Also crucial to our idea of shared responsibility in this context is the view that, although ultimate responsibility for an outcome is shared among relevant parties, there are clearly distinguished roles for each. Responsibility for mitigating pandemics is shared by (individual members of) the public and (individuals in positions of power within) institutions; but as we have described it, there is a clear allocation of responsibilities contributing to that shared goal.

Finally, we can distinguish shared responsibility from ‘institutional’ responsibility by noting that in the case under discussion, one of the major groups involved (the public) is not an institution. While shared responsibility as we have defined it might well operate at both an intra-institutional and inter-institutional level, it ranges more broadly than that because it can also encompass (as it does in the case we focus on) responsibility that is shared between institutional and non-institutional actors, or indeed in situations where no institutions are directly involved.

Turn now to the potential effect of institutional responsibility failures on individuals’ knowledge. A key example of this in the context of the UK’s COVID response is handwashing. Early in the pandemic, the mechanisms by which the SARS CoV-2 virus spread were, understandably, poorly understood. Early public health advice relied heavily on knowledge about the spread of influenza, and so focused on transmission by touching infected surfaces, and thus on hand-washing and other forms of hygiene. We now know that SARS CoV-2 is extremely unlikely to be spread this way, and that the far greater risk is from air droplets. Yet publicly available advice was slow to change and, at the time of writing in June 2021, still places key measures such as ventilation far below less important measures such as handwashing (NHS 2021) [75]. There is some evidence that this has damaged public understanding of responsible behaviour. For instance, a February 2021 poll of 2,331 adults found that while most people saw the virus as primarily transmitted by air, 16% believed that touching infected surfaces was the primary method of transmission [76].Footnote 2 Similarly, Dixon et al. [56], writing in July, found 85% of respondents blaming “failure to keep two metres apart and poor hand-washing” for viral spread.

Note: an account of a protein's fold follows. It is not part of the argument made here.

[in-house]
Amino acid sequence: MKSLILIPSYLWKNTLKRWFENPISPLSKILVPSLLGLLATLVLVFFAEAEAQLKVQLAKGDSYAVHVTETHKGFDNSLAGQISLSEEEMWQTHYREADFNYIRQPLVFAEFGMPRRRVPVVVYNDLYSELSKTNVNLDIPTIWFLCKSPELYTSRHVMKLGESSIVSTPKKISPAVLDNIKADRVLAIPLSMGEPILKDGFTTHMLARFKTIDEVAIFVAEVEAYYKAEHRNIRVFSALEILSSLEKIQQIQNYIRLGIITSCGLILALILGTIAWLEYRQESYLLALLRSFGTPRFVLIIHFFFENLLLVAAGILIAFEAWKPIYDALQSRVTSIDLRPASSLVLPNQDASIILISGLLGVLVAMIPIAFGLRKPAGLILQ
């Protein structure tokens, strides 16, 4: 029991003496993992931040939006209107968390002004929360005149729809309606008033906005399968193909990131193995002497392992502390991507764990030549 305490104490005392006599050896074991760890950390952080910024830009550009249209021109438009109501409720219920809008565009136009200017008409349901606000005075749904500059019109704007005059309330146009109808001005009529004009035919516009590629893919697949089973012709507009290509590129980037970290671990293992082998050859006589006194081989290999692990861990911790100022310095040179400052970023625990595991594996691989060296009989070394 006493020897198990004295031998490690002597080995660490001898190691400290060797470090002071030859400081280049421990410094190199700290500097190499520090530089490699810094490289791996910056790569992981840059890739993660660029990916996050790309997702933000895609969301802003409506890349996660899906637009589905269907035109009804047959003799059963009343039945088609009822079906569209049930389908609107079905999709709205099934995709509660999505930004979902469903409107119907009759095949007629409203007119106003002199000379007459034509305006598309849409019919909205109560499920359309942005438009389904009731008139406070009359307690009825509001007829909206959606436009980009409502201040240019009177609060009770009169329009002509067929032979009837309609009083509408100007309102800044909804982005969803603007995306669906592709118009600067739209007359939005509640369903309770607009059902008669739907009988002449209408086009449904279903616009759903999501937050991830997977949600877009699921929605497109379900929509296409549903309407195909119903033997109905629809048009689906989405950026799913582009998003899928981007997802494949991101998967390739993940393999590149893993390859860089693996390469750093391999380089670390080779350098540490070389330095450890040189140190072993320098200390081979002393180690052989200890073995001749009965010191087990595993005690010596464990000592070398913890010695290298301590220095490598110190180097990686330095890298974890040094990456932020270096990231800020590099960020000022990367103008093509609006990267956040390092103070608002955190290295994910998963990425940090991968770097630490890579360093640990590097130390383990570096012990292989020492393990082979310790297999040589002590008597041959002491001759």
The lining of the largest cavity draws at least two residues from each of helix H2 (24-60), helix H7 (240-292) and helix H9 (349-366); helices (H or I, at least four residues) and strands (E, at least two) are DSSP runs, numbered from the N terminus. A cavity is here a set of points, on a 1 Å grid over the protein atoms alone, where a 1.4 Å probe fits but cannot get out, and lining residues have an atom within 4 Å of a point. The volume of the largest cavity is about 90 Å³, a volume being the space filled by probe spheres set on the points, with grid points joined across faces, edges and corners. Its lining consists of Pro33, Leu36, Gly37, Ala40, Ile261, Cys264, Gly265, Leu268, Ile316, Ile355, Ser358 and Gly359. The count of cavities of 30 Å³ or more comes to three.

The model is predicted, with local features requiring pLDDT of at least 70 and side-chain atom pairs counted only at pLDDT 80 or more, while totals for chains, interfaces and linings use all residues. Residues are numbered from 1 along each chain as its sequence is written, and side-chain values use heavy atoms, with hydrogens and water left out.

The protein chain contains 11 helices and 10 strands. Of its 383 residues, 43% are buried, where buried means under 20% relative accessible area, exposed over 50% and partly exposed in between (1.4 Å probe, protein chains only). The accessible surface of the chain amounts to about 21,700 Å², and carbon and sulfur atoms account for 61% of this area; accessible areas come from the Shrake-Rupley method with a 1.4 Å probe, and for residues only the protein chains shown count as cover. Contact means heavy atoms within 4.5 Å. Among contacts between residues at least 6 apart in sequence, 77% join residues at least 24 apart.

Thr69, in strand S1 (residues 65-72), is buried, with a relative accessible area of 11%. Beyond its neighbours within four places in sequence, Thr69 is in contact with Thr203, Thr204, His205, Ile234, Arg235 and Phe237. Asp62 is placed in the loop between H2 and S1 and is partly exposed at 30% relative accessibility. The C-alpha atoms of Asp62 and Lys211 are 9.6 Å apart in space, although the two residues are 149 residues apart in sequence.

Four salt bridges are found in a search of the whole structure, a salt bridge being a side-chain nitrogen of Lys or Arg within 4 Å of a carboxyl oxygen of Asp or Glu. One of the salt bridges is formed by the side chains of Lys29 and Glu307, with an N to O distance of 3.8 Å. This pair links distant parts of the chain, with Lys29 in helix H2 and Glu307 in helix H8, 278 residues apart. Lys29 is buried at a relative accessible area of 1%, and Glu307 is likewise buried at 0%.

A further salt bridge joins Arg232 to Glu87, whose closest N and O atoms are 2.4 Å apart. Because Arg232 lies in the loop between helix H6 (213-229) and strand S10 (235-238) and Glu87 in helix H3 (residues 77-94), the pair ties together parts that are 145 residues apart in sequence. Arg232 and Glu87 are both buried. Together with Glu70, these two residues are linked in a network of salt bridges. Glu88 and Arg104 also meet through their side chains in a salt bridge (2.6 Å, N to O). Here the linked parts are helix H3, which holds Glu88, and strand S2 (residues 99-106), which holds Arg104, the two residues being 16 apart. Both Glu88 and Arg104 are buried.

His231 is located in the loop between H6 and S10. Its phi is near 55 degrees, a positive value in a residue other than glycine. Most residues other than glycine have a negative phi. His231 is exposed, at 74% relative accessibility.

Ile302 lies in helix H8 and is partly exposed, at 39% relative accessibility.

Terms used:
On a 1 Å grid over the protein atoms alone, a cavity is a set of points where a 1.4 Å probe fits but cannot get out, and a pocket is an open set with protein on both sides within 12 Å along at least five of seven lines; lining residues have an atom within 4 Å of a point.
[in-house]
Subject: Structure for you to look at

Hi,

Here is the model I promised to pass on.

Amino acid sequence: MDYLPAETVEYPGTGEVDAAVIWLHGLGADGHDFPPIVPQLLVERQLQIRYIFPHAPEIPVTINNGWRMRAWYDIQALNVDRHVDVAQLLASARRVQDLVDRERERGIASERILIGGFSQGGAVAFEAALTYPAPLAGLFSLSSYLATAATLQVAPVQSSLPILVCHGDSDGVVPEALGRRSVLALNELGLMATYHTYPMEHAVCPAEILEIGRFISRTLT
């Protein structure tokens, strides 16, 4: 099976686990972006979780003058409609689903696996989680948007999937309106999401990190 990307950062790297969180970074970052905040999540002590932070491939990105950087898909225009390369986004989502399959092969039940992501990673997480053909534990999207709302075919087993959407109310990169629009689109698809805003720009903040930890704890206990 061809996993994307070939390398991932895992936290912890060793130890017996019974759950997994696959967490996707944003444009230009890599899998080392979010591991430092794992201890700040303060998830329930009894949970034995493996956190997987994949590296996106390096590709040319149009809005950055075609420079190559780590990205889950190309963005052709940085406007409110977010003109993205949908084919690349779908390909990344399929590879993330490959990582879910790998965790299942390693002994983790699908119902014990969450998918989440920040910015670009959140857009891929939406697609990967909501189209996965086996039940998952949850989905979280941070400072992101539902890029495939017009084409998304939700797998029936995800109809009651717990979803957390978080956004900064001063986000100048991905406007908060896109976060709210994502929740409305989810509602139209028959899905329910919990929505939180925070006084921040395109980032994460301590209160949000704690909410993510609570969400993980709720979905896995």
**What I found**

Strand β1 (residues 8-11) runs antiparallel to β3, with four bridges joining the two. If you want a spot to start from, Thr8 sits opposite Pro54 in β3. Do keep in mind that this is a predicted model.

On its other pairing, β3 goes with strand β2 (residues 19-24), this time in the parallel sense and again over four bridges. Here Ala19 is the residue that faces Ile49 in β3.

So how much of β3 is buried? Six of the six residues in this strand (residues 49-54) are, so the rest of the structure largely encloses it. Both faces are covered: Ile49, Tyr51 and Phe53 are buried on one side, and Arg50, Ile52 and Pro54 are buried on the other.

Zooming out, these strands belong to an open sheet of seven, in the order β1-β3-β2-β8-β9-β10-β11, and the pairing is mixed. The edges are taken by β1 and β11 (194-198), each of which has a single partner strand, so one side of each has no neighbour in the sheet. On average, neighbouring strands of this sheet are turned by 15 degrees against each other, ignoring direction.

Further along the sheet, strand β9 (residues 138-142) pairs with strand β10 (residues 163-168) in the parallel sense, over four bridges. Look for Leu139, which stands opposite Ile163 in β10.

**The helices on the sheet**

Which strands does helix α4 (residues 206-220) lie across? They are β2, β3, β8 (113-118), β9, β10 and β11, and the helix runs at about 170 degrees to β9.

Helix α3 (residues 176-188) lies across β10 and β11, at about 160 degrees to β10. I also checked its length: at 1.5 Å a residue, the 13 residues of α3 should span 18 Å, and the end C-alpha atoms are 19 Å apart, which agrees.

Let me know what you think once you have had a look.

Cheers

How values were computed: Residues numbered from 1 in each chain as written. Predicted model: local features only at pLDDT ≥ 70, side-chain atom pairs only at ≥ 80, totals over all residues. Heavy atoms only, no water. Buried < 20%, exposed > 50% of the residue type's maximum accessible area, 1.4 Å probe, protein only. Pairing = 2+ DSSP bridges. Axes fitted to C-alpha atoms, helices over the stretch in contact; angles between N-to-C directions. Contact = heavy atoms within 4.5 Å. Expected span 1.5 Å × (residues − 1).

While it is possible for many individuals to do their own research, and to find out for themselves about the relevance of various preventive measures, doing so takes time, a degree of scientific literacy, and a realization that institutional advice is misleading. Thus, institutional failures of responsibility at least mitigate, and may even fully excuse, failures of a prima facie responsibility to take appropriate preventive steps such as ventilating rooms and avoiding indoor meetings.

Institutional Deficits and Their Implications for Personal Responsibility

The examples considered in Section 4.1 highlight how failures of institutional responsibility may diminish personal responsibility during a pandemic by reducing people’s ability to behave in particular ways, their epistemic access to relevant information, or by increasing the personal costs of fulfilling responsibilities beyond a reasonable threshold. One might think that, given the relationship we have outlined between institutional and personal responsibility, this is the only direction in which this influence occurs.

However, institutional failure does not make a pandemic disappear. People will still be at considerable risk of illness and death. Depending on the extent of institutional failure, people may also be struggling financially or with access to food or medicines. As a result, failures of institutional responsibility may generate additional ‘slack-taking’ responsibilities for some individuals.

The idea that people might have a responsibility to pick up the slack when others fail to meet their own responsibilities is contested [77,78,79]. Before we come to these arguments, though, a caveat is important: even the most enthusiastic proponent of slack-taking during a pandemic must acknowledge that its scope is limited. Consider what would happen if a national government failed to meet their responsibility in securing sufficient vaccines for their population. It would simply not be possible for most individuals to contribute meaningfully, either alone or in concert, to securing a national vaccination supply. Thus, any slack-taking responsibility must be realistic.

However, there are various areas where it seems more reasonable to expect individuals to take up the slack. One such area concerns decision-making around personal behaviour. We have acknowledged that, for some individuals, poor institutional communication may weaken the responsibility for behaving appropriately by weakening their access to reliable information. For many individual members of the public, though, the government is not the only source of information. Although not as detailed as the advice received by government, there was a considerable level of Covid-related information available to the public. As such, it was possible to form a view—as many did—that the UK government’s legal restrictions, and even advice, were insufficiently cautious at various stages. Thus, we suggest, individual members of the public who were able to do so have a responsibility to form their own view of the risks involved in everyday behaviours, and to exercise a reasonable level of caution voluntarily. This is a ‘slack-taking’ responsibility because it requires individuals to engage in a level of (i) risk-assessment and (ii) voluntary self-control that would not be necessary if those in institutional power met their responsibilities to control the spread of disease, and to communicate clearly about what is necessary.